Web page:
From oil to copper: how to trade wisely when capitalising on mega trends

Digital generated image of sustainable growing bar chart made out of cubes and multiple environments showing transforming process from coal industry to green energy. Sustainability data concept.
(Image credit: Getty Images)

The global economy is an incredibly complex system making it challenging for investors to try and trade individual themes, but mega trends are far easier to predict and understand. 

Megatrends, such as the explosion in demand for copper that’s currently taking place due to the green energy revolution, can last for a decade or more. And because these trends tend to touch all corners of the financial system, there are plenty of options for traders and investors to profit.

Traders need to consider their options carefully and use strict risk and reward controls when working in these markets. They need to ensure they can capitalise on the growth that results from megatrends while limiting downside risk if the trend suddenly fizzles out.

Subscribe to MoneyWeek

Subscribe to MoneyWeek today and get your first six magazine issues absolutely FREE

Get 6 issues free

Sign up to Money Morning

Don't miss the latest investment and personal finances news, market analysis, plus money-saving tips with our free twice-daily newsletter

Don't miss the latest investment and personal finances news, market analysis, plus money-saving tips with our free twice-daily newsletter

Sign up

The global megatrends 

Some of the most critical global megatrends currently taking place are in the commodity sector. As mentioned above, global demand for copper is surging as countries try to rewire their economies for the green energy revolution. There’s also a megatrend in rare earth metals, particularly lithium, a key component of lithium-ion batteries, which power electric vehicles.

Alongside the green energy themes outlined here, an interesting mega trend is developing in the hydrocarbon market. It might seem intuitive to say there’s an emerging megatrend in the hydrocarbon market when the world is trying to decarbonise aggressively, however, the way we use hydrocarbons is shifting.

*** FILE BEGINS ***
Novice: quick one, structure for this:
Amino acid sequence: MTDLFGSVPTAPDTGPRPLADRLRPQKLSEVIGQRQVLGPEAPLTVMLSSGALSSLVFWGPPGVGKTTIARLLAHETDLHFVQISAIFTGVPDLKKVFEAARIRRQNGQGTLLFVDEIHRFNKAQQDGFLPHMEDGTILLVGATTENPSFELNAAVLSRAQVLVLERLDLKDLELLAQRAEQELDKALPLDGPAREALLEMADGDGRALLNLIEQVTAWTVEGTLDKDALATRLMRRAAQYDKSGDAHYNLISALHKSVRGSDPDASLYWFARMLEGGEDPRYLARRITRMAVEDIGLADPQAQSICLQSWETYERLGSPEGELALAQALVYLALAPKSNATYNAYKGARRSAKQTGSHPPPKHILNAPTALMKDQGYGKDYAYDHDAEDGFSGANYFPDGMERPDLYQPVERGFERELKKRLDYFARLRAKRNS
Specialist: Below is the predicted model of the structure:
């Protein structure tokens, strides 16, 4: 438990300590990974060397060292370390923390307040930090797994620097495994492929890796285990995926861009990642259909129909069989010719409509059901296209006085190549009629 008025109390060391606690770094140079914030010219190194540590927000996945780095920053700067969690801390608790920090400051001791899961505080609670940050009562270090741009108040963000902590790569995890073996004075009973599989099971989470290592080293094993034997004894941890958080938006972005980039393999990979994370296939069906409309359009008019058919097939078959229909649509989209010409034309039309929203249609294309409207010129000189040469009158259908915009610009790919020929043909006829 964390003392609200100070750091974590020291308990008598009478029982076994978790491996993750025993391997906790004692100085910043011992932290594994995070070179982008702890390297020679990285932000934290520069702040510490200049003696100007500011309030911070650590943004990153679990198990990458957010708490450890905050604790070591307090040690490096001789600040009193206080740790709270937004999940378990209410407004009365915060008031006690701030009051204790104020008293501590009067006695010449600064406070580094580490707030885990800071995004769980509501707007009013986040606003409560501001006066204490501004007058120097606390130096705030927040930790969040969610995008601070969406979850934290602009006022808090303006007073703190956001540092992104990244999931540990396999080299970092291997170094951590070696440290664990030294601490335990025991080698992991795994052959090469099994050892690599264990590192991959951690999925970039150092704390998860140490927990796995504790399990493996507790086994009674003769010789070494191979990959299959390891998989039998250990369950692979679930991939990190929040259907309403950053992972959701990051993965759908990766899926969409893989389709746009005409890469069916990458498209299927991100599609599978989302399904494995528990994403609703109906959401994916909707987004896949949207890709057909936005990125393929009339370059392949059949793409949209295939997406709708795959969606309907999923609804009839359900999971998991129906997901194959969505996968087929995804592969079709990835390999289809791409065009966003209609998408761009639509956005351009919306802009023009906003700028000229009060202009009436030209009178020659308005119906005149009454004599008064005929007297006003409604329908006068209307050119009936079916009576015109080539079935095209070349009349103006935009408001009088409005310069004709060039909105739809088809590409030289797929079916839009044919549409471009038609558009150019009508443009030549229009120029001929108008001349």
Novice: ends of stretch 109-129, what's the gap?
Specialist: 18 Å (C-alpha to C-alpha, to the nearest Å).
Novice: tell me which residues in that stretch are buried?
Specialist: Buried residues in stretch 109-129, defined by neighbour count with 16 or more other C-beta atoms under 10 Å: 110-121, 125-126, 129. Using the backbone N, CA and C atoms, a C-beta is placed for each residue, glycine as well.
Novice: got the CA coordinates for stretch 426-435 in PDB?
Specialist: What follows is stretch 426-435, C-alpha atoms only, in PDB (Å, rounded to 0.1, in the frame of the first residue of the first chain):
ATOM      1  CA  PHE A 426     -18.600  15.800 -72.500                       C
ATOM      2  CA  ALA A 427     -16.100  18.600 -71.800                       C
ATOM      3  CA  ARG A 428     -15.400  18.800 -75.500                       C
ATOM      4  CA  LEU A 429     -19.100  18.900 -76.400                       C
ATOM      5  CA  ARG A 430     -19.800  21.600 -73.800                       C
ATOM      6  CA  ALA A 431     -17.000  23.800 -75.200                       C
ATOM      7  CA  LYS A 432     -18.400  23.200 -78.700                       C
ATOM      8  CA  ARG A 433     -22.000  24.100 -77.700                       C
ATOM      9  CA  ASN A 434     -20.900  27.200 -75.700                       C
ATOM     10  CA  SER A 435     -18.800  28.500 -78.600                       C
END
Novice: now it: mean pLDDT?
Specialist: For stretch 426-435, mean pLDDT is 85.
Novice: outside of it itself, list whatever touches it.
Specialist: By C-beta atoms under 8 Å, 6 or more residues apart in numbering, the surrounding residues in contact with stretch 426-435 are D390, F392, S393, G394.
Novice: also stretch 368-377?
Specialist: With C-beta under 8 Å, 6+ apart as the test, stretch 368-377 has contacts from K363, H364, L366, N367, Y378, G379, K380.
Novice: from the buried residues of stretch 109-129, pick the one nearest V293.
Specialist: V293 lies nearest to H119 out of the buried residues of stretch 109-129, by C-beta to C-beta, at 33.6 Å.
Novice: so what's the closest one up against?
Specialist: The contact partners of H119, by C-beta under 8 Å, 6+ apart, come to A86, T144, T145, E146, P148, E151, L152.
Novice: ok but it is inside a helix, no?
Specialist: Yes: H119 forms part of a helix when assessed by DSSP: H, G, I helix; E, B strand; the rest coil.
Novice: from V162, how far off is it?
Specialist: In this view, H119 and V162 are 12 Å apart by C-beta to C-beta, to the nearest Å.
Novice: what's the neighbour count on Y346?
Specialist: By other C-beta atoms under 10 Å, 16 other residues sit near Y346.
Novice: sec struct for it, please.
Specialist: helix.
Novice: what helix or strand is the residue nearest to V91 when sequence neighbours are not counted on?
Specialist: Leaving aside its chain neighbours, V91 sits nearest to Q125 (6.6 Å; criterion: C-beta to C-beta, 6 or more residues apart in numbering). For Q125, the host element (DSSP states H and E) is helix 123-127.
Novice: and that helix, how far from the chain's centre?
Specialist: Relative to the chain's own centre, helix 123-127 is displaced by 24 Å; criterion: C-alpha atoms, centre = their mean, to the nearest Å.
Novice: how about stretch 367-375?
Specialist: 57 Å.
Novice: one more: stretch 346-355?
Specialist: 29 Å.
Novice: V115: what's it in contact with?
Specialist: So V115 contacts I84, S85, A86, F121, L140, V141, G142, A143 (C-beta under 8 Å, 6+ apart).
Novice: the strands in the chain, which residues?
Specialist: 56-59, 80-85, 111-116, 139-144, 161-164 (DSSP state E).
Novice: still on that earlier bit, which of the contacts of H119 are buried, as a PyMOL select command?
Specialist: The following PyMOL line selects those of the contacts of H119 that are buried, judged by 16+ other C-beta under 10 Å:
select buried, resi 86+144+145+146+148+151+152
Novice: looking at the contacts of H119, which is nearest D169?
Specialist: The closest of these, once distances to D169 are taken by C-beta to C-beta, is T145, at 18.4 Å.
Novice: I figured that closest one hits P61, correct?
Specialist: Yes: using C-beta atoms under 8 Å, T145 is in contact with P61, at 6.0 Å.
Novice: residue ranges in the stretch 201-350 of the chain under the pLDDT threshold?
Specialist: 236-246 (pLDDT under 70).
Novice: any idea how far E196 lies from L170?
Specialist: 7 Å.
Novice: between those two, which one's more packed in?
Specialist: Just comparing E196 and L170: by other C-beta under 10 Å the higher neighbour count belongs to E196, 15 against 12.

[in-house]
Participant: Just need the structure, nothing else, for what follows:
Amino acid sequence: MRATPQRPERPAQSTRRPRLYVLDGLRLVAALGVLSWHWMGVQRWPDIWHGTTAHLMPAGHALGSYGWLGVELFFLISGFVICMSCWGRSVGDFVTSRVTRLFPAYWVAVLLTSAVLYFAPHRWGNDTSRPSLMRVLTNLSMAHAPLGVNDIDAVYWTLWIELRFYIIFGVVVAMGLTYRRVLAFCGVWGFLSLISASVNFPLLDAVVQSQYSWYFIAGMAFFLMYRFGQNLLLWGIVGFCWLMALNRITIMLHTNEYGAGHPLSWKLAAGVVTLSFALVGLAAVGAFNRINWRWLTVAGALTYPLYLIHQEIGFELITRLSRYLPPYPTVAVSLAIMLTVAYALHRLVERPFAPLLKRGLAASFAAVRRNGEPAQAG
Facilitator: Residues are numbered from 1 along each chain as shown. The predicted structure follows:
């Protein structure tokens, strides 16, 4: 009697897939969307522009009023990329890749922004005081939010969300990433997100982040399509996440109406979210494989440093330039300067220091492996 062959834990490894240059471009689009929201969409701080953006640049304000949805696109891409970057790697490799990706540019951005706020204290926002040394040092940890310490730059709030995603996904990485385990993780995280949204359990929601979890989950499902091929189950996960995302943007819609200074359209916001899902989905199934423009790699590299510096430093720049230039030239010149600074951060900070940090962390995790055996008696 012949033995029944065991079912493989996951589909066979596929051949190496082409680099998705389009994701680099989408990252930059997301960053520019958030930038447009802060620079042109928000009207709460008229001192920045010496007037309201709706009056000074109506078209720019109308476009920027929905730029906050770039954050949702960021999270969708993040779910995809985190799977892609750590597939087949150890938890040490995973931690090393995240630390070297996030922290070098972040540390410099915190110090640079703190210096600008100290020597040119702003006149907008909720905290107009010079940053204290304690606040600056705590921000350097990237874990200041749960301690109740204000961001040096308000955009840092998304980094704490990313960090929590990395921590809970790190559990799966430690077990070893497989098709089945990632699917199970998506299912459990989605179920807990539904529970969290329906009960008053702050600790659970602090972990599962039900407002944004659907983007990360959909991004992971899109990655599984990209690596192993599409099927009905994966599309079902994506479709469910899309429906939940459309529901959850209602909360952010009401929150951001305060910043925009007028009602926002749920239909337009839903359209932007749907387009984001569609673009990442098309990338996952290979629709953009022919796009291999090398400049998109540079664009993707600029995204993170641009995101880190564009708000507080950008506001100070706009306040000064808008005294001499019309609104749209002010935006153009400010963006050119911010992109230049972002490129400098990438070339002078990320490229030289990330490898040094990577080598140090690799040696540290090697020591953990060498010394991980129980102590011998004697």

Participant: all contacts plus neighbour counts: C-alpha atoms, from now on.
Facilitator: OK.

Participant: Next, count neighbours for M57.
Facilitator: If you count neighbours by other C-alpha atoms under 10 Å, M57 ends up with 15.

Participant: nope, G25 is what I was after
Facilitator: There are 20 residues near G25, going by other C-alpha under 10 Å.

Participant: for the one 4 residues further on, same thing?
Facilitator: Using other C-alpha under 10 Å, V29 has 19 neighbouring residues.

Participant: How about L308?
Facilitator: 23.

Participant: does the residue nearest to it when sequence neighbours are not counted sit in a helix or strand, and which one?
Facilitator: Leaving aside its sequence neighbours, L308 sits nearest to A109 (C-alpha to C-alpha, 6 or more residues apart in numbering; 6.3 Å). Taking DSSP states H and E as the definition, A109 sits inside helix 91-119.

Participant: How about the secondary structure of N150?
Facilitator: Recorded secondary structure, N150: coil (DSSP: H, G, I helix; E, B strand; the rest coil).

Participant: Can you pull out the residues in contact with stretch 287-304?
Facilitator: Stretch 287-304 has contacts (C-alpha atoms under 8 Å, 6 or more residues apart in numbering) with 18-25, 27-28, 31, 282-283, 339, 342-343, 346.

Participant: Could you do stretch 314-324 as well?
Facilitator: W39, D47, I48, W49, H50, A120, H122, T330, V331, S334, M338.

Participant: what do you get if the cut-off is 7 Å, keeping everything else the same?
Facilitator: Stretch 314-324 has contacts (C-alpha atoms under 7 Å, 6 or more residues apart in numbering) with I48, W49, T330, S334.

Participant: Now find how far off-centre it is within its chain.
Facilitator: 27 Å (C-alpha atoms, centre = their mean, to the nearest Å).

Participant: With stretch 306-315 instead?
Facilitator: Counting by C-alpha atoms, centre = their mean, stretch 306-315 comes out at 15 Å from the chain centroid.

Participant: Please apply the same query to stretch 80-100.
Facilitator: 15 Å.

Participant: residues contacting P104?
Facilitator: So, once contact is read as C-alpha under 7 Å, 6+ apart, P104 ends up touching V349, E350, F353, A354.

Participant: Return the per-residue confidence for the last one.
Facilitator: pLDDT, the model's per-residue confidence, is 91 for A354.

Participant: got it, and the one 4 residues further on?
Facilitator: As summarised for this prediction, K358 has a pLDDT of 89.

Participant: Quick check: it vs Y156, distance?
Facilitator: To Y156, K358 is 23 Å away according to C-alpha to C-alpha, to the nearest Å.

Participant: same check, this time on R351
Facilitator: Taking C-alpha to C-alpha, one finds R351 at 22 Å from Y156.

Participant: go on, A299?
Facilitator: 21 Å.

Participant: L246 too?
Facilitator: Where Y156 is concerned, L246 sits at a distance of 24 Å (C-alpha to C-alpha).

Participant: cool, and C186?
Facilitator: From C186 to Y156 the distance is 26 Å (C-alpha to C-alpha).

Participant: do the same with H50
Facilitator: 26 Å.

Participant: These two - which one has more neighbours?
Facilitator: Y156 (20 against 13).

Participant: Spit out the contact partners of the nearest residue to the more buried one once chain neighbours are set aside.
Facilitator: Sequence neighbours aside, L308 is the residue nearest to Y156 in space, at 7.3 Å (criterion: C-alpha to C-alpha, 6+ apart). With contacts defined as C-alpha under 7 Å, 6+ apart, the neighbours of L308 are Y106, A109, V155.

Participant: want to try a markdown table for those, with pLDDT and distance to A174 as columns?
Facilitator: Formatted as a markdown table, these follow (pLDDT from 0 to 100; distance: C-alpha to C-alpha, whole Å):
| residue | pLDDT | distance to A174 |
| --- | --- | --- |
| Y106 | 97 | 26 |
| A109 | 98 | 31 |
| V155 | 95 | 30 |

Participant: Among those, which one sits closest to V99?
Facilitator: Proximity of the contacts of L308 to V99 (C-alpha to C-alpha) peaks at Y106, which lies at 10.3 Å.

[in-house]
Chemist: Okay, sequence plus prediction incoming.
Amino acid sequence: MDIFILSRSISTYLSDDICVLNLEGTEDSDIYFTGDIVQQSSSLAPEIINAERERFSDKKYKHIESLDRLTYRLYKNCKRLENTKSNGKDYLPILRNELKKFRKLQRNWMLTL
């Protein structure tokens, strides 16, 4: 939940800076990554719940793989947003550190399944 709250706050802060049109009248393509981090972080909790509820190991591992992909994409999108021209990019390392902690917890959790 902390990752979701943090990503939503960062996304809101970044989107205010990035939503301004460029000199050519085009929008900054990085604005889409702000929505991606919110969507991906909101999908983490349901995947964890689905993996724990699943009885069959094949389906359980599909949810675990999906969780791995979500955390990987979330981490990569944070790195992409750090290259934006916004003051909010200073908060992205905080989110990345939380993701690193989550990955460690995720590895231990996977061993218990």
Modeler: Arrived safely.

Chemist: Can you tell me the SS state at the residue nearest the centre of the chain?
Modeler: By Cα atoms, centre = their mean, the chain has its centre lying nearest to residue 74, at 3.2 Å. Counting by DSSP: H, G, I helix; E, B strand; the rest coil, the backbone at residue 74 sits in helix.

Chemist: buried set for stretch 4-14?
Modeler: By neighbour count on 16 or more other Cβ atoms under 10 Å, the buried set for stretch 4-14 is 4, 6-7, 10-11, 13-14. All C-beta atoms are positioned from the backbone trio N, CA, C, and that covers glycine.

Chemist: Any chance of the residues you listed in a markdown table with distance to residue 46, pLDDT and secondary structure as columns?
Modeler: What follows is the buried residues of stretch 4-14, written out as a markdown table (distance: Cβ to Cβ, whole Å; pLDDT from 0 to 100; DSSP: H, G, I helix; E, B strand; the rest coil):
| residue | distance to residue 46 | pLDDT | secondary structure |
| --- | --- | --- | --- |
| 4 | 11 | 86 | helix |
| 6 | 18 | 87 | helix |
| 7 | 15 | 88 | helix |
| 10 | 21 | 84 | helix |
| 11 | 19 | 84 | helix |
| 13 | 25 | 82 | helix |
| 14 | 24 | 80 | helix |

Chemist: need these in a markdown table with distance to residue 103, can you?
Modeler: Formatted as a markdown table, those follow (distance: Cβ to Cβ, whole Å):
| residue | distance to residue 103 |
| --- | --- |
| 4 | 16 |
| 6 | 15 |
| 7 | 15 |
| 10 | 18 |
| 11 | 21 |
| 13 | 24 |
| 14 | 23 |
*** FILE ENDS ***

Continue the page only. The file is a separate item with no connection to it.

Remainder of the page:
Companies and countries are trying to move away from dirty, polluting fossil fuel sources, such as coal and diesel. Instead, they are switching to cleaner gas, particularly liquefied natural gas, which is easy to transport worldwide and far less polluting than other fossil fuel sources. The booming demand for liquified natural gas (LNG) is already generating fat profits for the companies involved in this industry, from the oil and gas service companies, which help develop and maintain the wells, to the tanker companies transporting the gas (or liquid) around the world.

Outside commodities, trends include the artificial intelligence boom and the collapse of the Chinese housing market. 

Traders can use a range of tools and instruments in the financial markets to play all of these trends. However, it's important to remember to trade wisely as these trends, while they can last for decades, can quickly unravel. 

The copper trend is a good example. Traders can ride this trend in several ways, from buying copper futures to betting on the price of the commodity with a spread bet of CFD. There are also ETFs and ETCs that track the price of the commodity using futures contracts of the physical metal. All of these different approaches have different advantages and drawback. 

Buying copper futures directly requires a lot of upfront capital, making it challenging for small traders to invest in the market. Leverage is often used to boost buying power, but also exposes traders to bigger losses - the same is true with spread betting and CFD trading. If you’re planning to use either of these strategies, it’s vital to have a strong risk control framework in place. You need to know how much you can afford to lose and set stop losses accordingly. 

Another option to invest in the copper themes is to buy shares in the companies producing the metal. Once again, it’s vital to control risk if using this approach and remember leverage isn’t a shortcut to fast profits. 

Investors and traders can use the same set of tools to trade the hydrocarbon megatrend. It’s possible to buy futures, CFDs and spread bets on a range of hydrocarbon commodities, from oil to natural gas, although some of these markets, for example, the coal and LNG markets, are hard for smaller traders and investors to access directly. 

Here, it may be better to trade the shares in the companies playing a key role in the sector, the likes of Shell and BP in the UK and Chevron and Exxon in the US. Another option, and a company that touches virtually every section of the commodity sector, is the trading and production giant Glencore.

Put simply, there are lots of ways to trade global megatrends, but whichever approach you use, it’s vital to manage risk. It’s just as crucial for traders to manage losses as it is to generate profits.


Your capital is at risk. 69% of retail investor accounts lose money when trading spread bets and CFDs with this provider. You should consider whether you can afford to take the high risk of losing your money.